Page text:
Basic Good Looks
It looks good naked. That's what we kept thinking all week during our recent test of the 2014 Jeep Grand Cherokee Laredo. As reviewers we find ourselves often testing cars that arrive loaded with all the bells and whistles, but this particular Laredo model arrived lightly optioned, with an attractive cloth interior, base stereo and no navigation system. It proved to be one of those rare vehicles that is just as appealing "undressed" as it is fully loaded. And this is impressive, since with automobiles, as with people, the less stuff you're wearing, the harder it is to make a good impression.
As with the Grand Cherokee's predecessors, dating back to the stately Grand Wagoneers of the 1970s, the 2014 Jeep Grand Cherokee retains an upscale look that helps it look right at home no matter where it's parked, whether it be a Costco parking lot, a yacht club or up on a rock. The difference is, with the current-generation GC, you don't have to spring for the top-dog model to impress the valet. Even the entry Laredo model projects good taste and confidence, thanks to a handsome mug (now with squintier headlamps and a more sculpted front bumper), a planted road stance, monochromatic paint and gleaming wheels.
Whereas some competitors have grown unwieldy in size, the Grand Cherokee remains perfectly manageable for urban and suburban SUV owners alike, and fits easily in most parking spots, leaving room to open its right-sized doors and tailgate. The drawback is that the Jeep doesn't have a third-row seat. However, its platform mate and mechanical sibling, the Dodge Durango, does.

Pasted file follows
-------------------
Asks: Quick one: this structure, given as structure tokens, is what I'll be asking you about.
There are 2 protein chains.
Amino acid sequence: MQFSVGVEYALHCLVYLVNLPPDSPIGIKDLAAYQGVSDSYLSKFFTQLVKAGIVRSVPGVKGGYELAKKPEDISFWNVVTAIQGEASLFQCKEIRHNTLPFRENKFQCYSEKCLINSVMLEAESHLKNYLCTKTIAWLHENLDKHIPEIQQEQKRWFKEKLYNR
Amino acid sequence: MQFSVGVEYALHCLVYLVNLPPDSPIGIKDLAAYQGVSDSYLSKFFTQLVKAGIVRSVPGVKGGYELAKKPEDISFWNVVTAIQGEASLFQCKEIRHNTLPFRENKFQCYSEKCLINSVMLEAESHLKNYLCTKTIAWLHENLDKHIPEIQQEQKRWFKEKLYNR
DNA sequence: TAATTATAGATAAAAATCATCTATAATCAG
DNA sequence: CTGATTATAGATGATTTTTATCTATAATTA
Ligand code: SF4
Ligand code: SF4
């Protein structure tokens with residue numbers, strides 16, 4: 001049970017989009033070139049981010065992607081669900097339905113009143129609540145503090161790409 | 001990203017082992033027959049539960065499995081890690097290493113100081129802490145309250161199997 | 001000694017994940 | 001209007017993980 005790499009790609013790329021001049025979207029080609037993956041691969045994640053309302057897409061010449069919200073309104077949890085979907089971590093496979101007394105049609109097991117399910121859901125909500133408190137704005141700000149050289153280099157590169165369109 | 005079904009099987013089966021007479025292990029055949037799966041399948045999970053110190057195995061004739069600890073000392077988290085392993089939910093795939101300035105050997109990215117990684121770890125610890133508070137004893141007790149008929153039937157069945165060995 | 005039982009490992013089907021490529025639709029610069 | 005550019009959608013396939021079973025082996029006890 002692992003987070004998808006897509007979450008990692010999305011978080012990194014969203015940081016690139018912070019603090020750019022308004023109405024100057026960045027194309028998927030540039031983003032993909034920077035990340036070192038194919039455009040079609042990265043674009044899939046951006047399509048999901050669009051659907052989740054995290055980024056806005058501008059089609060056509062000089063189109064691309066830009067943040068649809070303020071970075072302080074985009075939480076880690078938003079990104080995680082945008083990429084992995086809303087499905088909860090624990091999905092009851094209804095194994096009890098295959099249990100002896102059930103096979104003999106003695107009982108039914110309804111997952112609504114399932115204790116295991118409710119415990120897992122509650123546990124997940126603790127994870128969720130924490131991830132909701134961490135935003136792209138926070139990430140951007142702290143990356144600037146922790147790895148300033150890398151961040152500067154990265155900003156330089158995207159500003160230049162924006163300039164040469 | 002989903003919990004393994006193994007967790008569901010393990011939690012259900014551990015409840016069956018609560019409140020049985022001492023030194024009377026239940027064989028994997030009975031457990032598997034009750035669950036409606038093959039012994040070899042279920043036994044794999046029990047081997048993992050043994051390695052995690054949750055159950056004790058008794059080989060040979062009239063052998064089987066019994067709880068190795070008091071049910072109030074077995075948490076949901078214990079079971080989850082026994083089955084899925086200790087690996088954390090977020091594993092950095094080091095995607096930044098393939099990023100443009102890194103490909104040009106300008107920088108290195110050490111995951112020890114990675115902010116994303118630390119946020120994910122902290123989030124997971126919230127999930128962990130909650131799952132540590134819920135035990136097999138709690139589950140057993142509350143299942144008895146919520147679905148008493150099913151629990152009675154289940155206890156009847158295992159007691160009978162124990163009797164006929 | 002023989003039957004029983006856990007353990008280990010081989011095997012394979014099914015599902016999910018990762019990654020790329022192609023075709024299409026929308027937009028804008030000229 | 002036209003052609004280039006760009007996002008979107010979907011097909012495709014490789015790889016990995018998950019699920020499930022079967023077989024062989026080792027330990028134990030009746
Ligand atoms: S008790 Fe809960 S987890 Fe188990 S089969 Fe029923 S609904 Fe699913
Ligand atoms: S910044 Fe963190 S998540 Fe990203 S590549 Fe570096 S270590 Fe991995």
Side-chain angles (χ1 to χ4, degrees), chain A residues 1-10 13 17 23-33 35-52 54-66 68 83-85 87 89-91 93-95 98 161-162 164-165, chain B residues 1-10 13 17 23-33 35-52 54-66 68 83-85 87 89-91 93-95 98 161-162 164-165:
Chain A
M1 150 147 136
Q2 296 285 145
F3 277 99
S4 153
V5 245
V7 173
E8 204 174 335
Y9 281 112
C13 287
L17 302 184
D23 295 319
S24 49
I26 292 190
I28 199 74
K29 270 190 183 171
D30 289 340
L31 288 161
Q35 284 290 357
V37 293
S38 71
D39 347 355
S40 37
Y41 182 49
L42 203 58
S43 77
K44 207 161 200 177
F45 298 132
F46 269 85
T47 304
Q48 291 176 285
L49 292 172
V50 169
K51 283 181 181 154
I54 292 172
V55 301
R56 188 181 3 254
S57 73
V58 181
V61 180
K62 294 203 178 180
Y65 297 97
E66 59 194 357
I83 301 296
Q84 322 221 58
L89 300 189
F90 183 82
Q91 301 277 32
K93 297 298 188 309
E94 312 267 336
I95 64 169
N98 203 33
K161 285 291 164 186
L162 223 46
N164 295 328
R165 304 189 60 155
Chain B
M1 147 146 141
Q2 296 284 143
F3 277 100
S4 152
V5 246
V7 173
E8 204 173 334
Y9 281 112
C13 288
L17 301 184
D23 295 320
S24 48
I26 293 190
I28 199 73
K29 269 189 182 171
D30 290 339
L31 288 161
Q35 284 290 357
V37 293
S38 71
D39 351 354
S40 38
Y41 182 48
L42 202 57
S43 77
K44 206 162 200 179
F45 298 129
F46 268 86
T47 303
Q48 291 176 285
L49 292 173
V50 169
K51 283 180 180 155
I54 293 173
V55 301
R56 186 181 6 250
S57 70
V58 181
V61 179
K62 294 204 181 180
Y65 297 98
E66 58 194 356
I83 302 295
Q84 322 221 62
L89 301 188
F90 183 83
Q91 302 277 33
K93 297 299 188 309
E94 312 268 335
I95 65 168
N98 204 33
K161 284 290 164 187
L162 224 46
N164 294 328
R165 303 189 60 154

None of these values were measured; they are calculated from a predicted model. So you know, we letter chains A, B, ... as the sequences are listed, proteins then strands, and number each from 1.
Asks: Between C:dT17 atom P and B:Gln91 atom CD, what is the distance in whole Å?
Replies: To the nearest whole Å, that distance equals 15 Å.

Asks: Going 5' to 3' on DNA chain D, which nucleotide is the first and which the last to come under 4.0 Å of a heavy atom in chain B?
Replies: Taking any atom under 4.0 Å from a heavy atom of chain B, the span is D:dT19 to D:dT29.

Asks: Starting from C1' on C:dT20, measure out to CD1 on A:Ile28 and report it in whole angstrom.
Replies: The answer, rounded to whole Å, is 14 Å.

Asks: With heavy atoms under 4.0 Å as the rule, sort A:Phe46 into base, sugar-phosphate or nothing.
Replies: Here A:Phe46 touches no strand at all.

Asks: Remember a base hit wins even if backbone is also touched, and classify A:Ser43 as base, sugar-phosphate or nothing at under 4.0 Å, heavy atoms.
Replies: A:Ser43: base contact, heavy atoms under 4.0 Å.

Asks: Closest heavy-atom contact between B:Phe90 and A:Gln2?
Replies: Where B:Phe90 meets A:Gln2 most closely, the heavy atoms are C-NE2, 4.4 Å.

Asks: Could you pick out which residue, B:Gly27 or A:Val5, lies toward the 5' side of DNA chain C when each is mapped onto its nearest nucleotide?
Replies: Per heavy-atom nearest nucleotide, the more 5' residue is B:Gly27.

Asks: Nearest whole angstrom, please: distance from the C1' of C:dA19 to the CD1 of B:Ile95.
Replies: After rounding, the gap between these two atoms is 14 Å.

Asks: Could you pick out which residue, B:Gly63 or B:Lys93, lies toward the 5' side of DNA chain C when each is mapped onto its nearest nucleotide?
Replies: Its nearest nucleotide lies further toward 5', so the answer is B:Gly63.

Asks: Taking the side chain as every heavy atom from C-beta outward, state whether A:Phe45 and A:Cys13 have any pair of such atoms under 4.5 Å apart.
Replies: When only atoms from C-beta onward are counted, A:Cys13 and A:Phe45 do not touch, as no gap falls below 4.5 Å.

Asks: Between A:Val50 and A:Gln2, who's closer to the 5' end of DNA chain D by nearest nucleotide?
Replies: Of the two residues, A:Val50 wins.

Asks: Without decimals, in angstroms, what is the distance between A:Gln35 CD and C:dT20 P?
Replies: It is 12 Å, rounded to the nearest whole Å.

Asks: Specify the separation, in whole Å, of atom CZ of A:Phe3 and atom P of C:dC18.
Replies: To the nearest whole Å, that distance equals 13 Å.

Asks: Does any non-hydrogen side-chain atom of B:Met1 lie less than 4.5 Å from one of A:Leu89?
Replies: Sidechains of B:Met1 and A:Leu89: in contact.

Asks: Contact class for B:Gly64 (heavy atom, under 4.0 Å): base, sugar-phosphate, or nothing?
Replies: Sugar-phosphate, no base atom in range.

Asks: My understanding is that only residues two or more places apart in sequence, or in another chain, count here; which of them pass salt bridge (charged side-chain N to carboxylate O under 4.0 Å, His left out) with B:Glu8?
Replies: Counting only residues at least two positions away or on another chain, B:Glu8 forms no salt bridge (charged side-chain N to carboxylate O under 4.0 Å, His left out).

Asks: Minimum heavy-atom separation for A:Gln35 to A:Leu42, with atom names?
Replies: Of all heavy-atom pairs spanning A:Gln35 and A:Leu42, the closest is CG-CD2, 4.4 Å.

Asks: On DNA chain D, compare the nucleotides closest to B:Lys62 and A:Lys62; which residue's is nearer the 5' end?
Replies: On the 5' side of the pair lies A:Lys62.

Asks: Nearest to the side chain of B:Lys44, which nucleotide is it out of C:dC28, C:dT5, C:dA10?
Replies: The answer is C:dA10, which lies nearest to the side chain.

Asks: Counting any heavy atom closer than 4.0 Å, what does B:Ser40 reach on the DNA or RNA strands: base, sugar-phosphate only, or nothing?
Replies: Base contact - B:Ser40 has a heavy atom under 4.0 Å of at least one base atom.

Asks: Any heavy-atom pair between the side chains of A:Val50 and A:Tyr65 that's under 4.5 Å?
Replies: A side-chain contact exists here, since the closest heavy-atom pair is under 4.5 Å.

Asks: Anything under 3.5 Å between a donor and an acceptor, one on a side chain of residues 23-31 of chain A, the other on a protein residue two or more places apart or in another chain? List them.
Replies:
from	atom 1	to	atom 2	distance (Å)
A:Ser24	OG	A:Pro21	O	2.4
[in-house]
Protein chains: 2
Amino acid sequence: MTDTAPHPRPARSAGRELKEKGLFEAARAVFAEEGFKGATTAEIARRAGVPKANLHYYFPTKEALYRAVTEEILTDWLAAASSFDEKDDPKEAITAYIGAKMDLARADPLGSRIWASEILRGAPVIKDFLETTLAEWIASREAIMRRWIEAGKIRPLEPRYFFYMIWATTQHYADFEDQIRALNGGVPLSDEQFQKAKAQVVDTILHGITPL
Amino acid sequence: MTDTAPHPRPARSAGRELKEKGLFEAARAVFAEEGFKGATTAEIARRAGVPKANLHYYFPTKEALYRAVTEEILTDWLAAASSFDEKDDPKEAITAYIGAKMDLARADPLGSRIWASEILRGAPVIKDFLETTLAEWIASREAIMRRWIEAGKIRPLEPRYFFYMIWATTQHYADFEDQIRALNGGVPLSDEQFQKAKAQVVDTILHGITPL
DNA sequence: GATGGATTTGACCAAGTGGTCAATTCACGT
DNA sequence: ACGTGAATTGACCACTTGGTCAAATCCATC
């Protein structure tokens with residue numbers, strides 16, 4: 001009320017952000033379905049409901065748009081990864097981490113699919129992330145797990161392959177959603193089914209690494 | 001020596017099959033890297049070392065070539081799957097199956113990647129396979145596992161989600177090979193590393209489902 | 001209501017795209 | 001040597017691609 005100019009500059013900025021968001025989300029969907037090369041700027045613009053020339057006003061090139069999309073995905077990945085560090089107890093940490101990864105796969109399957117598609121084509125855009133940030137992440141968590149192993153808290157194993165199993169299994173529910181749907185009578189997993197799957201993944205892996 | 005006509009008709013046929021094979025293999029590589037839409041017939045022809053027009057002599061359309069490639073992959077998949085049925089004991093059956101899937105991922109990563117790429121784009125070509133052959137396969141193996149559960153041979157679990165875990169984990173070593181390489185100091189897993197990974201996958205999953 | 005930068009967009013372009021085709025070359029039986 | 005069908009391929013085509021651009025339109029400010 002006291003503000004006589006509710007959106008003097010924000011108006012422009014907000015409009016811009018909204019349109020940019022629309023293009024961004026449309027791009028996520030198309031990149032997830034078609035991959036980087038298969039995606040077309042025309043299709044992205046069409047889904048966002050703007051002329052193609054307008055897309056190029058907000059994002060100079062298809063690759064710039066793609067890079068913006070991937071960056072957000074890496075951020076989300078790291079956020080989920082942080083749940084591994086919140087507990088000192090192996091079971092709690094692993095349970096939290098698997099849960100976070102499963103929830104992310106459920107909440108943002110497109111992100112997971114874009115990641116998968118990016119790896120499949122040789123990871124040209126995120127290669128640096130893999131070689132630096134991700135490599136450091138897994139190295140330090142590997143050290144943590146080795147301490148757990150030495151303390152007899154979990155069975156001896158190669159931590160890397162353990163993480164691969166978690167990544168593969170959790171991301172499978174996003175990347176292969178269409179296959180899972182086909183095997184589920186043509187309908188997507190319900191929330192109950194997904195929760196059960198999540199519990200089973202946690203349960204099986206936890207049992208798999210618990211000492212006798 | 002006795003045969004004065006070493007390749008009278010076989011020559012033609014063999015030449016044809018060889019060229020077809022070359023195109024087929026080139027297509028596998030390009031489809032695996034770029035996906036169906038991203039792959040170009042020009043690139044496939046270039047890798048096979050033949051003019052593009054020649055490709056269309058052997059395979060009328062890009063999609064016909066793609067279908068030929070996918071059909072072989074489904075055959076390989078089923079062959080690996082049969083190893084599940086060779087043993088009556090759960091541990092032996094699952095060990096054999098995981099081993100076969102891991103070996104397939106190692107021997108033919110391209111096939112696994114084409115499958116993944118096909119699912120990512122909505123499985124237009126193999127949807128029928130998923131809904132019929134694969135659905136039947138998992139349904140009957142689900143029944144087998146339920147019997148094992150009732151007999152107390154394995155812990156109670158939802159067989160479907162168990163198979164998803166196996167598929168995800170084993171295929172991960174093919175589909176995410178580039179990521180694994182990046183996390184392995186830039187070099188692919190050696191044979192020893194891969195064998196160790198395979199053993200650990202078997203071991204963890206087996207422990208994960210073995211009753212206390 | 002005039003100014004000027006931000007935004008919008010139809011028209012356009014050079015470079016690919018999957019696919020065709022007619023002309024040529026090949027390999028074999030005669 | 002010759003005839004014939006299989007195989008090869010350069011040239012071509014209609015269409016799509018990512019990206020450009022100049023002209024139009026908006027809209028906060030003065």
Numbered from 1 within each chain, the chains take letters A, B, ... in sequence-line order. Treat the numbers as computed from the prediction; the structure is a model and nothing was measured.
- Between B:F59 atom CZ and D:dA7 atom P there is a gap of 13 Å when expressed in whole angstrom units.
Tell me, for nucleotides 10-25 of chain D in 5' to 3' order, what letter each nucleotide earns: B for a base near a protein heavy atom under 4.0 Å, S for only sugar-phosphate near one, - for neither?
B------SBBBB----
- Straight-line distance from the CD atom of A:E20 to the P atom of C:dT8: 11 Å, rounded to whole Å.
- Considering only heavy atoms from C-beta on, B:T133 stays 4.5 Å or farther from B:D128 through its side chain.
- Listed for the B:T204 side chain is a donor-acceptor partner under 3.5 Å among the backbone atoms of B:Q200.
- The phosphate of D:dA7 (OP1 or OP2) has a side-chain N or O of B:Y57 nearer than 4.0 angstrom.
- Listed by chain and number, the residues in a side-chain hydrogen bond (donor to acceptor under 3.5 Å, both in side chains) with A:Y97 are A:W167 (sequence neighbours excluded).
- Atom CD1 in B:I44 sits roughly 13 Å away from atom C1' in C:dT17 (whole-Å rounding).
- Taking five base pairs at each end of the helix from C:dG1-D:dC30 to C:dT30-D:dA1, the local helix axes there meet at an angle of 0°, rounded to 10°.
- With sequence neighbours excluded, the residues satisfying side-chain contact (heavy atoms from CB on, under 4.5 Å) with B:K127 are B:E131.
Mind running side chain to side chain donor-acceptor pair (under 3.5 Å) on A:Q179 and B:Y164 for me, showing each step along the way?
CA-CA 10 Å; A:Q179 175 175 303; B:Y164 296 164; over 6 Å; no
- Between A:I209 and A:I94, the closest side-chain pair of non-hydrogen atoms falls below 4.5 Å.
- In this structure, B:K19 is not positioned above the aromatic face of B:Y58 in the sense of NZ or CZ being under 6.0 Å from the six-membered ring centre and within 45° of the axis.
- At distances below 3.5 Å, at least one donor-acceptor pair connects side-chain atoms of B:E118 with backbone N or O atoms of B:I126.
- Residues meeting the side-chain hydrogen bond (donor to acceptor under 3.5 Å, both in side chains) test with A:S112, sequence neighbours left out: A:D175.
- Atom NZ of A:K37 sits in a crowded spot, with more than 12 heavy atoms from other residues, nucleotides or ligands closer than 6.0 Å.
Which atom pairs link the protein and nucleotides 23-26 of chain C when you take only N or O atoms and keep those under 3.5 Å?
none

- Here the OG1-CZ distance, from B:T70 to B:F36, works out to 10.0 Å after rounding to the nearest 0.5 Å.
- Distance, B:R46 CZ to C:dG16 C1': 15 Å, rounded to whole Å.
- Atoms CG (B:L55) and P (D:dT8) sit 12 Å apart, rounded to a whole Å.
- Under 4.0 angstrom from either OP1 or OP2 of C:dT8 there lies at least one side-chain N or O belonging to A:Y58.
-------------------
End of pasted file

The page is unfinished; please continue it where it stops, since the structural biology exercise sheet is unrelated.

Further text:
All Grand Cherokees get the interior basics right. Materials, ergonomics and a sophisticated gauge cluster with lots of useful trip information are all present. Just as important is its genuine sense of quality. The 2005-2010 model was a veritable Tupperware party inside, but that has never been the case with the 2011-and-beyond model. While we missed certain extras, such as a rearview camera and parking sensors (once you have those on a vehicle you never want to have one without), we did not miss the soft leather seats, high-end sound and the like. For SUV buyers who are really pinching pennies, we might even recommend skipping the $2,000 Security and Convenience group that includes extra power outlets, heated seats, a heated steering wheel, a power lift gate and universal garage door opener. Ours also came with power seats, a sunroof, Satellite radio and full-time all-wheel drive, which together with the option group and the $995 sunroof, elevated the MSRP to $35,490, plus $995 for destination charges.
Built from the proverbial rib of the Mercedes-Benz M-Class, with which its early development was closely tied, the Grand Cherokee has strong bones. The example we tested this time was equipped with Chrysler's excellent 3.6-liter V6 with an impressive 290 horsepower and 260 lb-ft of torque. With the added weight of 4-wheel drive, it doesn't exactly feel spry but does get out of its own way, so long as you move the fussy T-shaped shift handle into S (for "sport") mode. Left in D, the powertrain defaults to fuel-saving mode with relaxed transmission shifts and sluggish throttle response. At least it came with steering wheel shift paddles. Steering and handling, however, are tidy and comfortable; the days of the jouncy SUVs are clearly over, at least in this case.
New this year to Grand Cherokee buyers is an available diesel V6 that can tow a boat, as well as a monster V8 that delivers fuel economy solidly in the mid-20 miles per gallon range. We hope to test that vehicle soon. For anyone in the market for a handsome, well-built SUV with room for five, you could do a lot worse than this.